Turn Back the Pages is a feature where I spotlight a comic that is not fresh and new. It may have come out a few months ago or even a few years ago. Maybe it was hyped and popular, or maybe it was an underappreciated gem. Whatever the case, it’ll be a great comic that’s well worth a read.
I love gothic mysteries. I love Batman. I really should have read Gotham Academy sooner.
This book is full of gothic tropes. Gotham Academy is old, mysterious, and has a dark history. One building is even boarded up and abandoned for secret reasons. The girls’ dorm is possibly haunted. A group dressed in cloaks and masks conducts arcane rituals on campus in the dead of night. There’s even a vampire! (Okay, so he’s a bat-mutant made by science, but he looks super vampiry.) It’s seriously the best.
The main character is Olive Silverlock. Something terrible happened to her over the summer, but we only get glimpses and hints of the event, and Olive herself has amnesia. She’s clearly traumatized from it, though, and her relationships suffer as she comes back to school depressed, withdrawn, and pushing people away.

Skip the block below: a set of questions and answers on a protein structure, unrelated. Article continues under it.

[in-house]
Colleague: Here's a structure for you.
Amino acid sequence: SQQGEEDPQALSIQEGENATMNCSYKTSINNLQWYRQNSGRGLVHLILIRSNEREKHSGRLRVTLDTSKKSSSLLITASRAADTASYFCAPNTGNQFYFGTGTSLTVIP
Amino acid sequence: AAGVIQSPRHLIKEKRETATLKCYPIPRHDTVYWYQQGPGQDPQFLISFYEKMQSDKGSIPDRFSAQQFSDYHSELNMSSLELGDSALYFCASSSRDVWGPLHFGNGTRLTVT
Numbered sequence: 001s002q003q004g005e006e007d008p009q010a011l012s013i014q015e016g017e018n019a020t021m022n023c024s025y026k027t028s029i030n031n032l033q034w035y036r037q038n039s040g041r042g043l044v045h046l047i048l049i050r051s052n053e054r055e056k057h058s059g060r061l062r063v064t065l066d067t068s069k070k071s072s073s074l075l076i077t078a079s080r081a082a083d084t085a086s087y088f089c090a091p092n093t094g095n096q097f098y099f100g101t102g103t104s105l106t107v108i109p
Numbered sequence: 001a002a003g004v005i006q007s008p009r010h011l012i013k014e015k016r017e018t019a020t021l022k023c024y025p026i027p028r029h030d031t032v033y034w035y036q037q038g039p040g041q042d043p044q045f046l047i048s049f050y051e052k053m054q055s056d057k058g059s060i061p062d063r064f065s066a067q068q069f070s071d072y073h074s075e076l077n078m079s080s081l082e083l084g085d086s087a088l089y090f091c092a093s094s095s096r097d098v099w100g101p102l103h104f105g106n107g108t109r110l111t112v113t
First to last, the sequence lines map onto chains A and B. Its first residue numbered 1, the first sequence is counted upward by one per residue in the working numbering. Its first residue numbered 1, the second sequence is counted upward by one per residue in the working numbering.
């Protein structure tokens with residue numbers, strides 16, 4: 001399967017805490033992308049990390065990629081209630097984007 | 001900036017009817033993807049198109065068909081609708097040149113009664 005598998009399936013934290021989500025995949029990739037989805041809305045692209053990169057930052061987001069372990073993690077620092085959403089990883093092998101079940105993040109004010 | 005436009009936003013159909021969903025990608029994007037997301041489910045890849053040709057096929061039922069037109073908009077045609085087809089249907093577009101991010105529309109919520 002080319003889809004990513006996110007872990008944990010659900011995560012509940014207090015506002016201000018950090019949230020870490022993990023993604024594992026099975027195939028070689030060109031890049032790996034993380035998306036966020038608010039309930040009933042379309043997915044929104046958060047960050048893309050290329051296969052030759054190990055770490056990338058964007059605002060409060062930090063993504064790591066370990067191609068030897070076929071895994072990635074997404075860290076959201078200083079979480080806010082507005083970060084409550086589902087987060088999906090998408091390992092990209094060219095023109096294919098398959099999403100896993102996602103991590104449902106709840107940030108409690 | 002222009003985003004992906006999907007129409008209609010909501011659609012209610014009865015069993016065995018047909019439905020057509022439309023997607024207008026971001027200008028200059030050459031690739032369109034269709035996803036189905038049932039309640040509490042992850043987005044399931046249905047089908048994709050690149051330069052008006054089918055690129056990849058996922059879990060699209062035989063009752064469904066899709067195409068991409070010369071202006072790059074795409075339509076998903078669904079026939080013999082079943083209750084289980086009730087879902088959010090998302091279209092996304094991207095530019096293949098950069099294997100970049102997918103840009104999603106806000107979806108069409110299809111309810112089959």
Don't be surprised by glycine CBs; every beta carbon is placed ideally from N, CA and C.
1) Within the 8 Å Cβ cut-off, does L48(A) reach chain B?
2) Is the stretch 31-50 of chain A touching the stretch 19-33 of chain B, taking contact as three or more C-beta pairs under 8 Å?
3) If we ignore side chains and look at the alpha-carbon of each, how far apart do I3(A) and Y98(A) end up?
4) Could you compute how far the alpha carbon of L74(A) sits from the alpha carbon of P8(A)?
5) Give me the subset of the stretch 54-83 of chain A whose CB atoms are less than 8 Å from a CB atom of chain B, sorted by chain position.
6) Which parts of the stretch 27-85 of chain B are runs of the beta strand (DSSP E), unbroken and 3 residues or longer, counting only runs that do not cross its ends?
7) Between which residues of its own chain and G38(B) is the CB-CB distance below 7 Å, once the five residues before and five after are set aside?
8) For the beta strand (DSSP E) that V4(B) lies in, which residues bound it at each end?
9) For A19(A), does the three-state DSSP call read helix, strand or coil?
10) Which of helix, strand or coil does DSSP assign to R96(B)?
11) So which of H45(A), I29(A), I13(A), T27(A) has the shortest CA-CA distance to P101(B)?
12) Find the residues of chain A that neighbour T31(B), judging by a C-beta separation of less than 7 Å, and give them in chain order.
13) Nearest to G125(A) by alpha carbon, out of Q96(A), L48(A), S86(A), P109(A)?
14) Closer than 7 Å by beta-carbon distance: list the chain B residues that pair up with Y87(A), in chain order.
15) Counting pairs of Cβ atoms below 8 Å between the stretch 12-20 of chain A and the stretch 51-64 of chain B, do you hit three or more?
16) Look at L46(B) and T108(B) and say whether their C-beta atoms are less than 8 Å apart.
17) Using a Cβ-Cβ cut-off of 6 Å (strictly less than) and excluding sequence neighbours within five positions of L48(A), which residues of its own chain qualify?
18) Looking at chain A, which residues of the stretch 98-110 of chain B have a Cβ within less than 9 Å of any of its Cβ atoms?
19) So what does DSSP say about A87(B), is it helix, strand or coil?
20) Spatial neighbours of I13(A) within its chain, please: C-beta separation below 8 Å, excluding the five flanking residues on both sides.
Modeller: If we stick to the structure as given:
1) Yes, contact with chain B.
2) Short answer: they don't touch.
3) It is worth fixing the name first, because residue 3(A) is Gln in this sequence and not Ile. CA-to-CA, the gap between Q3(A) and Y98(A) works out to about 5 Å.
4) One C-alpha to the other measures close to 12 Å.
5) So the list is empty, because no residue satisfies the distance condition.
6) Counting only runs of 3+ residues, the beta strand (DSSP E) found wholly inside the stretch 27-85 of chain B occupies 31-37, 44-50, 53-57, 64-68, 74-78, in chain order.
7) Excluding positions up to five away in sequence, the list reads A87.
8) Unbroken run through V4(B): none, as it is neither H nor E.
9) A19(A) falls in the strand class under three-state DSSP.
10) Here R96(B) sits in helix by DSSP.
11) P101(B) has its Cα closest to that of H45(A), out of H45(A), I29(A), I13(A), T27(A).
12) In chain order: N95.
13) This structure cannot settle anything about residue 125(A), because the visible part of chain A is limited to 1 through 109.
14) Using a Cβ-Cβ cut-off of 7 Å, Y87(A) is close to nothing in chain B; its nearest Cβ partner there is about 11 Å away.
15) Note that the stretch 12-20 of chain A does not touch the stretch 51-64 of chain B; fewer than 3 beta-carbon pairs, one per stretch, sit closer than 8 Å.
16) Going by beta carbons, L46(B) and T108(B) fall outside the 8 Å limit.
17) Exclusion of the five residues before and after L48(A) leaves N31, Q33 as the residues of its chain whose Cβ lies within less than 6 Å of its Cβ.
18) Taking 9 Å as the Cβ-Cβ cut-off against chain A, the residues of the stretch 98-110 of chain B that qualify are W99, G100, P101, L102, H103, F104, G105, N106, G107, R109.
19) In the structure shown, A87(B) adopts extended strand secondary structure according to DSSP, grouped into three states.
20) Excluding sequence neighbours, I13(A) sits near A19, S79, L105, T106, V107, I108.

I’d say her character arc over the first volume is about learning to let people in and accept help from her friends. And who doesn’t love a good “the power of friendship” theme?
Of the supporting cast, Maps Mizoguchi is the definite standout. Perky and sweet, she is 110% down for investigating the various mysteries at the academy. She’s also just so friendly and cute that even the aloof Olive can’t bear to hurt her feelings by pushing her away, and she’s full of funny gamer references.
Another minor character is this weird billionaire alumni name Bruce Wayne. What’s his deal, and why’s he interested in Olive? Who knows?!
I like that Batman is just lurking menacingly on the outskirts of this book and never takes center stage. (From Olive’s point of view, he’s an antagonist!) It’s a credit to what a rich and complex setting the city of Gotham has become over the years that it can support a book like this and doesn’t need to be focused on Batman.
And really, what city is a more perfect setting for a gothic mystery than Gotham? The disturbed criminals. The gargoyles on the crumbling, once grand skyscrapers. The creepy old asylum. It doesn’t get much more macabre than that.
If you’re looking for a comic that’s a little different but still superhero-related, give Gotham Academy a try. Creepy mysteries and ominous bat-people have never been so much fun.